In a recent blog post Google announced the closure of Google Reader. The service, which is an aggregator of content served by web feeds, will cease on 1st July.
Google reader has become an essential tool for journalists, PRs and those in communications roles in business and the public sector. It has allowed users to subscribe to websites and content that used RSS web feed formats.
The announcement by Google in it’s blog ‘A Second Spring Cleaning‘ took many by surprise as the service is still very popular with influencers in media and communications. In a Sysomos blog post a few days back Mark Evans states, ‘When It Comes to Digital Influencers, Blogs Rule.’
Google Reader went live in October 2005. It was created by by Google engineer Chris Wetherell (@cw), Mihai Parparita (@mihai) and Jason Shellen (@shellen). Former Google Labs Product Marketing Manager and now Instagram founder Kevin Systrom (@kevin) was also responsible for pushing it out of the Google Labs team.
In the past five years, Reader has been adopted by a wide group of people, especially journalists and those working in communications roles in business or the public sectors.
Journalists have been using Google Reader to aggregate RSS links. It has enabled them to be alerted when an organisation in a sector they cover updates their website. Reader has also allowed them to monitor independent bloggers that could be first with insight and so be valuable independent commentators. And while we have taken to Twitter and other social networks, RSS feeds today still enable us to get the content, from the coal face, and without the noise.
Visiting Professor at London’s City University’s School of Journalism Professor Paul Bradshaw (@PaulBradshaw) is a fan of RSS feeds, having taught students about the value of feeds in his Online Journalism Courses.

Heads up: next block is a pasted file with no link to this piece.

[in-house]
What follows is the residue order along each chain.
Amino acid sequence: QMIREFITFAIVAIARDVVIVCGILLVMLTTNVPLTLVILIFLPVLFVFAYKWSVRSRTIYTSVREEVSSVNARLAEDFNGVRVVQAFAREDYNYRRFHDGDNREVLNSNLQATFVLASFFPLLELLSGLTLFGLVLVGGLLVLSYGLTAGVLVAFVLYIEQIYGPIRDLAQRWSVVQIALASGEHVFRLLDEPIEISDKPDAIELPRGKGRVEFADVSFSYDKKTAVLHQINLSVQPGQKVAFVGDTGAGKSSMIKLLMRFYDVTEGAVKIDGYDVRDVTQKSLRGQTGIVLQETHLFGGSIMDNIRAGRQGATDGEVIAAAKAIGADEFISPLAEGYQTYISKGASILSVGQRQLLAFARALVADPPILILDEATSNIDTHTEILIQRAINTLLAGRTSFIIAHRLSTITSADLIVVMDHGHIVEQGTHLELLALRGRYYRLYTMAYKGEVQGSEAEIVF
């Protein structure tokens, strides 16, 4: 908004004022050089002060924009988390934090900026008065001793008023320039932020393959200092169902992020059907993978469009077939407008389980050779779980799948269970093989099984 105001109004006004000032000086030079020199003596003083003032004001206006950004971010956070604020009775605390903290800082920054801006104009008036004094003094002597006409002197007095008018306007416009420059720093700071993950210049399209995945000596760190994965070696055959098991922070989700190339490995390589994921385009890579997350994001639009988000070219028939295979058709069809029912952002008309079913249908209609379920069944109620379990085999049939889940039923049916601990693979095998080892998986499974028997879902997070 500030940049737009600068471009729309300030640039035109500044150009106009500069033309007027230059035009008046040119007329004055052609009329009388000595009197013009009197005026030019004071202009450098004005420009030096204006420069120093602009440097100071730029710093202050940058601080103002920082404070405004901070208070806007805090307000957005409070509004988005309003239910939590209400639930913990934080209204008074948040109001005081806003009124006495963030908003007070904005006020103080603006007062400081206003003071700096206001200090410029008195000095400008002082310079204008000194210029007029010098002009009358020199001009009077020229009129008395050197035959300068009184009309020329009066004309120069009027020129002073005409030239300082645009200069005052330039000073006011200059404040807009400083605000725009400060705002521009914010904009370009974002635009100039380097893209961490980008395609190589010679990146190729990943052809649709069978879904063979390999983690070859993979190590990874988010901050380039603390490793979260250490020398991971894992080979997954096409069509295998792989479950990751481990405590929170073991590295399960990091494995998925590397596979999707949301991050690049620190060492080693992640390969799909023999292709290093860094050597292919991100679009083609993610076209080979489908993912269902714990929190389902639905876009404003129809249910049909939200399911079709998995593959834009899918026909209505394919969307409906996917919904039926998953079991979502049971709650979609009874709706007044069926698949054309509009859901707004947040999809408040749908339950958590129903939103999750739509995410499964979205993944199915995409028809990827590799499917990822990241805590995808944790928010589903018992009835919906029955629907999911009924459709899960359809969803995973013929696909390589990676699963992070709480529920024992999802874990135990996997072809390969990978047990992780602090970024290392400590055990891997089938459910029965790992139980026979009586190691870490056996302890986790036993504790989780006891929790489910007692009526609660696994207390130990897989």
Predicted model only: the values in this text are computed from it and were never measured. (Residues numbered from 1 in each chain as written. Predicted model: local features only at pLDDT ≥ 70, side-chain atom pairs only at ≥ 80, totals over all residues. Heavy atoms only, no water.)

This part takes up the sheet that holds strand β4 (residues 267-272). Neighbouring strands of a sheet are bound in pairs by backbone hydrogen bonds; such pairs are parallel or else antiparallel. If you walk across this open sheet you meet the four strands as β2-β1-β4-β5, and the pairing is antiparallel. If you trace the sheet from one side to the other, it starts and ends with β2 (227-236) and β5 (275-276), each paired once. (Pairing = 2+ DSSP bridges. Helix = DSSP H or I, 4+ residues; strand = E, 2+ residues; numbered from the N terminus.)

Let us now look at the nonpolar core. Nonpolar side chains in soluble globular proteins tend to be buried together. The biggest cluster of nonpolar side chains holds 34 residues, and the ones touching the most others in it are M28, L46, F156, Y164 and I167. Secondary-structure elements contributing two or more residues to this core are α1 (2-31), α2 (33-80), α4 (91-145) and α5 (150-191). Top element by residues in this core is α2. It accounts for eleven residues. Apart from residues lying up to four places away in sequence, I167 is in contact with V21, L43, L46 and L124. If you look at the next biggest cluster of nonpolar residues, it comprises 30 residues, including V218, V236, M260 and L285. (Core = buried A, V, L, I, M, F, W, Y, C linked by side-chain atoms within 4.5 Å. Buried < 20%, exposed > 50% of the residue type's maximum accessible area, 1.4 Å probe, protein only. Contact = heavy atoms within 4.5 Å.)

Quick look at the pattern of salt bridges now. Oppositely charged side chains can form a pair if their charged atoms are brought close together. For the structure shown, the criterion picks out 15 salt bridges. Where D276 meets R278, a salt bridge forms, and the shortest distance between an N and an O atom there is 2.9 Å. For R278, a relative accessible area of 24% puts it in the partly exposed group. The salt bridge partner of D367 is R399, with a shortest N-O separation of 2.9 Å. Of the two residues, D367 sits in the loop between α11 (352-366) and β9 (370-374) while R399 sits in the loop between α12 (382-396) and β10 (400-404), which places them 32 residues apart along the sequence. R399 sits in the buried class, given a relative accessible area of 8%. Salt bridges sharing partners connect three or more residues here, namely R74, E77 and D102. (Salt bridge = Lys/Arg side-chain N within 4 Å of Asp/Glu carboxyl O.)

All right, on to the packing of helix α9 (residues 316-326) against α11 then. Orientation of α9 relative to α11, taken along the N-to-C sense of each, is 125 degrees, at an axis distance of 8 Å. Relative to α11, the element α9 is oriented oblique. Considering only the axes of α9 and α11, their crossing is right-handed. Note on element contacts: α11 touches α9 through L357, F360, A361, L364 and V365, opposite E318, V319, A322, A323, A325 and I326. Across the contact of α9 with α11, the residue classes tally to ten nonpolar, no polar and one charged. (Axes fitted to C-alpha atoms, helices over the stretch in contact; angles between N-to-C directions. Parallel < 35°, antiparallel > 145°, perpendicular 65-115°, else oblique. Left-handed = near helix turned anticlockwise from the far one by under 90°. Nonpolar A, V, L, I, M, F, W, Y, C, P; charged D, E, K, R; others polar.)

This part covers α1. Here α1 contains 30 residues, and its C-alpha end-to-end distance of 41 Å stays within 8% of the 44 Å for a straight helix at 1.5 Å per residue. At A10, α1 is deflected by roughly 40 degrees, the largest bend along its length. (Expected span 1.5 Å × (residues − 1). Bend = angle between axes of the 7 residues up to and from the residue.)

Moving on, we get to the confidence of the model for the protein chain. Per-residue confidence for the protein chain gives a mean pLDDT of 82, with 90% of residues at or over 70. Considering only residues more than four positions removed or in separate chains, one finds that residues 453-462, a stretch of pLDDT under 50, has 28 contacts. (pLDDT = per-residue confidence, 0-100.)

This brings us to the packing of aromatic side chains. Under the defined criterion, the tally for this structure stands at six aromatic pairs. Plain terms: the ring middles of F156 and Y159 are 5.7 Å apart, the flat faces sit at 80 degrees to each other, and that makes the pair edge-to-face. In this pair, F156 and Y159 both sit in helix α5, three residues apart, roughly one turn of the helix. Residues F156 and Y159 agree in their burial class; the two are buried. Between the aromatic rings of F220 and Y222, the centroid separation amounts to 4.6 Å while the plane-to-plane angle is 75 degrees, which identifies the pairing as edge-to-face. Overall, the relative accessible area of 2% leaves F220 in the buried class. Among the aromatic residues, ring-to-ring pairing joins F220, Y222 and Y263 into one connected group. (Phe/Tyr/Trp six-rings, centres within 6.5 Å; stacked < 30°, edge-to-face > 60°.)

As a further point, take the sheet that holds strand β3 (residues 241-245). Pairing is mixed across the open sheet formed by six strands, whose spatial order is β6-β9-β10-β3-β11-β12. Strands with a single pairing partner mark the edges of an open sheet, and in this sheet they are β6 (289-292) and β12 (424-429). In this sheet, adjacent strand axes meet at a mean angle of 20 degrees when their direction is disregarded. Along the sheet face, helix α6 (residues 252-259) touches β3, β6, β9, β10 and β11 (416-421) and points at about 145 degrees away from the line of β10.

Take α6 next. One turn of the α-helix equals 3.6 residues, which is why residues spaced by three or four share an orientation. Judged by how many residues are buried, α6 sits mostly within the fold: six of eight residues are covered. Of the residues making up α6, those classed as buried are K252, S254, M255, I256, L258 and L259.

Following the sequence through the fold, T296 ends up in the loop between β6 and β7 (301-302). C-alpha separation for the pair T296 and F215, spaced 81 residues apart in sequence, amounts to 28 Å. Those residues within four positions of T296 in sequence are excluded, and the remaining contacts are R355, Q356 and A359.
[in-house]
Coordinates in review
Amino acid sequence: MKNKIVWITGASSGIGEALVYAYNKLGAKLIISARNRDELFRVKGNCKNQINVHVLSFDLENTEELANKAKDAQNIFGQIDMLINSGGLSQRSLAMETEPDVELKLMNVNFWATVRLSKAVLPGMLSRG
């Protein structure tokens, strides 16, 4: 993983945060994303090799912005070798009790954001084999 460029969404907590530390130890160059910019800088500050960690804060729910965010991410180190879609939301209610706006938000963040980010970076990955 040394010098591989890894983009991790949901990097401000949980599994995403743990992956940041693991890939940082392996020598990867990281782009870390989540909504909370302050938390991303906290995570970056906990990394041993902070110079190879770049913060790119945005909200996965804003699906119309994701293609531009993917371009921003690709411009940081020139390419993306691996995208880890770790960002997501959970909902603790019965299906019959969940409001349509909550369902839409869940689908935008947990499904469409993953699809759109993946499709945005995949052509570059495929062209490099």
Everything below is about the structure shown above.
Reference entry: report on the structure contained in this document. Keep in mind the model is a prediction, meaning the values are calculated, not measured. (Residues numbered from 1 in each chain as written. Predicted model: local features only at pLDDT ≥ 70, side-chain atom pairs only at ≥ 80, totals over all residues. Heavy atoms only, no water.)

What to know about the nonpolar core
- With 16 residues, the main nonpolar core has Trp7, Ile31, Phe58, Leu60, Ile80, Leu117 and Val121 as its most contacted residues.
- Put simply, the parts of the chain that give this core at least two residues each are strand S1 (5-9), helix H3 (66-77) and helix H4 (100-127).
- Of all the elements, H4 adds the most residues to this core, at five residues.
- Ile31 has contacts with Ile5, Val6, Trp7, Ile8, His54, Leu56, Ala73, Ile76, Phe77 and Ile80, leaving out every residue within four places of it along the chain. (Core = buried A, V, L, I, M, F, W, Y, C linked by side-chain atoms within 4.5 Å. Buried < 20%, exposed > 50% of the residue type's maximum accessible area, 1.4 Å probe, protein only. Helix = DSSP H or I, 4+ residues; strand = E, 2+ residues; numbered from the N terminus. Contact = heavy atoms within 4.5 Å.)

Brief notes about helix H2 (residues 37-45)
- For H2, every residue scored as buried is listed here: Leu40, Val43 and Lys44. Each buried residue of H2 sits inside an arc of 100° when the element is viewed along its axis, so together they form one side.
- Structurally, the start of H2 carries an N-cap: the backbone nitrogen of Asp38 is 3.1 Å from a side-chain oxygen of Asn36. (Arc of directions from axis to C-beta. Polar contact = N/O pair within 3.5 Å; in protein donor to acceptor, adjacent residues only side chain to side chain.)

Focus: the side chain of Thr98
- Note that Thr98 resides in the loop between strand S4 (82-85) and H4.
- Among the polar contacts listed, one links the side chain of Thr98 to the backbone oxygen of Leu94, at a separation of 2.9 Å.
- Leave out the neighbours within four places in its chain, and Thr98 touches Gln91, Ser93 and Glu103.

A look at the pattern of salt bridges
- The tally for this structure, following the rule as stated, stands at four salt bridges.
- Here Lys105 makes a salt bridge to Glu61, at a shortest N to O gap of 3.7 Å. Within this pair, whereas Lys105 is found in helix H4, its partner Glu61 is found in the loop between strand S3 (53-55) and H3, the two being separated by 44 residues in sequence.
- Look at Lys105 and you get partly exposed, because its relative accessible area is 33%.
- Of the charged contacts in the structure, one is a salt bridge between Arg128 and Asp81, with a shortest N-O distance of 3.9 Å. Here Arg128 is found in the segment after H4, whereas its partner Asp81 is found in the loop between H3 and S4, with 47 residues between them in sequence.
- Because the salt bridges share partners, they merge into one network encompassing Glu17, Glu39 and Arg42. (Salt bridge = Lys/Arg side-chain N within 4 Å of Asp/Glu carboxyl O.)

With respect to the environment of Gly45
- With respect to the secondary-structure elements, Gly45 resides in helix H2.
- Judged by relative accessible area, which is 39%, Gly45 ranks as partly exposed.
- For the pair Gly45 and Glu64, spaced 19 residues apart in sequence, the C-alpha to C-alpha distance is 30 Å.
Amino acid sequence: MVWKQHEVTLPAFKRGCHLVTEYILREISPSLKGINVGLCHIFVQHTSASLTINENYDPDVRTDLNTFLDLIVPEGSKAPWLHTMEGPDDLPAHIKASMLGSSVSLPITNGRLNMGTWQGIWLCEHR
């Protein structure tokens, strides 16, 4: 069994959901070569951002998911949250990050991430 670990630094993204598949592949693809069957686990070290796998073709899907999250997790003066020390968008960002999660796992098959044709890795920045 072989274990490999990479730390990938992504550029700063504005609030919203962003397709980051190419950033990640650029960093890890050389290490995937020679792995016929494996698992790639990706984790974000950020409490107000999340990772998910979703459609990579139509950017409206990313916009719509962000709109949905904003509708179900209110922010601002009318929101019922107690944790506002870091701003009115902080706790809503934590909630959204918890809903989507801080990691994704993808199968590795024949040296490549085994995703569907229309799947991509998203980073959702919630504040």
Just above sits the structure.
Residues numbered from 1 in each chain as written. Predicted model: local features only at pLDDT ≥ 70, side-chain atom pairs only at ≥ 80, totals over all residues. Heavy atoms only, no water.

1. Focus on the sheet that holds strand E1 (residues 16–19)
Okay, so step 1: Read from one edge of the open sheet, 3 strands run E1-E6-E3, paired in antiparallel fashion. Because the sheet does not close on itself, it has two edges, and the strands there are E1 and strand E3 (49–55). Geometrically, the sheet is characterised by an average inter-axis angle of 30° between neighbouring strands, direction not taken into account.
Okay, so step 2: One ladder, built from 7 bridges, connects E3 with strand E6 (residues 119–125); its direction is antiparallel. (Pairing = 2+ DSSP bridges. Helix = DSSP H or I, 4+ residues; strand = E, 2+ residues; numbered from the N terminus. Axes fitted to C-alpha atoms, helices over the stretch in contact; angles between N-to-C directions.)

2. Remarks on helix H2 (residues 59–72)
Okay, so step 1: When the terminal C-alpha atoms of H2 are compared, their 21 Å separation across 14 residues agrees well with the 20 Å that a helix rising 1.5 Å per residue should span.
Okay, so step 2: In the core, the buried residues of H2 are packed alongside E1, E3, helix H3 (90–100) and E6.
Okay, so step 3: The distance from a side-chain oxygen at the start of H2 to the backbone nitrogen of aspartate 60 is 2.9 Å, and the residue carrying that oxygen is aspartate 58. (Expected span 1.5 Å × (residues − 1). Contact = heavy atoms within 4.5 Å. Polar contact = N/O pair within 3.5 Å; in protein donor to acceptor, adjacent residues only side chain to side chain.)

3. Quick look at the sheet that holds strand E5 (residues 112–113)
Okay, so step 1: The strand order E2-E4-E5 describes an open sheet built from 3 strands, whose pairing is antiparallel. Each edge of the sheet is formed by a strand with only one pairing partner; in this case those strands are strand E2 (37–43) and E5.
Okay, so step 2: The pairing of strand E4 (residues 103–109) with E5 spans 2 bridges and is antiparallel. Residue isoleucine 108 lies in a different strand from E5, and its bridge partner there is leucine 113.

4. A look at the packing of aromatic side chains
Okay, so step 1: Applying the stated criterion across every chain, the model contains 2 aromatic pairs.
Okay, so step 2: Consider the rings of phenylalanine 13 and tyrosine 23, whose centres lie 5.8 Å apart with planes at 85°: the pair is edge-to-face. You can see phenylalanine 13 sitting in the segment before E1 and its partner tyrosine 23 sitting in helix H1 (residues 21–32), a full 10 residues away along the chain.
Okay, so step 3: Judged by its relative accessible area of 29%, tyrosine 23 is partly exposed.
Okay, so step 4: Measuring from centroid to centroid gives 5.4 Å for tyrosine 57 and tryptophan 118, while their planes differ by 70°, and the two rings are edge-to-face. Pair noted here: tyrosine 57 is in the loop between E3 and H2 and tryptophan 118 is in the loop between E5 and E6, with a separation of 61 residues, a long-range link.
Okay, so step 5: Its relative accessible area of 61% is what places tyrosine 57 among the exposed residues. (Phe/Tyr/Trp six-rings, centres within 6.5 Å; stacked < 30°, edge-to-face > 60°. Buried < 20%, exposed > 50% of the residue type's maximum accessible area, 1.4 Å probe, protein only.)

Even for PRs, Google Reader has become an essential tool for monitoring content online. And the fact that Google Reader is cloud based is another reason why those working in-house or agency-side have it as a default tool on their desktop, mobile and tablet.
The fact is that while Google has killed Reader, it has not killed RSS feeds. And while a campaign has been started that asks Google to save Reader, it is unlikely to change the search giants decision.
If you are scratching you head and wandering what to do, then for the time being you need not panic. Google has given us three and a half months until 1st July to export our feeds and find an alternative service.
I use Silvio Rizzi ReederApp (@ReederApp). On Twitter, Silvio posted yesterday, ‘Don’t worry, Reeder won’t die with Google Reader.’ This app enables me keep my feeds synced while I am on the go, hence the value of it being cloud based.
Paul Bradshaw has a Google Doc that lists all alternative RSS aggregators. A great document and one that’s worth a look.
And once you have found you alternative this Lifehacker post gives you details on how to export your feeds from Google Reader and import them to your new service.
For me, the essentials for an alternative include:
- Be a cloud service – you can access your feeds from you desktop, mobile and tablet
- You can star and tag content that you read
- You can share content across your networks – Twitter, Evernote, Delicious
- It have a Bitly functionality
- It has search capability.
So, in short, what I want is for Google Reader to stay with us!!
Social Times reports in a post ‘Why Google Is Really Pulling The Plug On Reader‘ that the reason behind Google’s decision to kill Reader is ‘that Google will launch mobile news subscriptions to compete with Apple’s lucrative Newsstand.’
Writing in Social Times Cameron Scott (@ConcertoMates) reports, ‘A former Google Reader product manager offered a different, but complementary, analysis on Quora. Brian Shih argues that Google repeatedly endeavored to pull technical staff from Reader and reassign the staffers to social products.
Shih’s account suggests that Google saw Reader as competition for Google+. The company may want its users to rely on Google+ to get more Web content in one place.’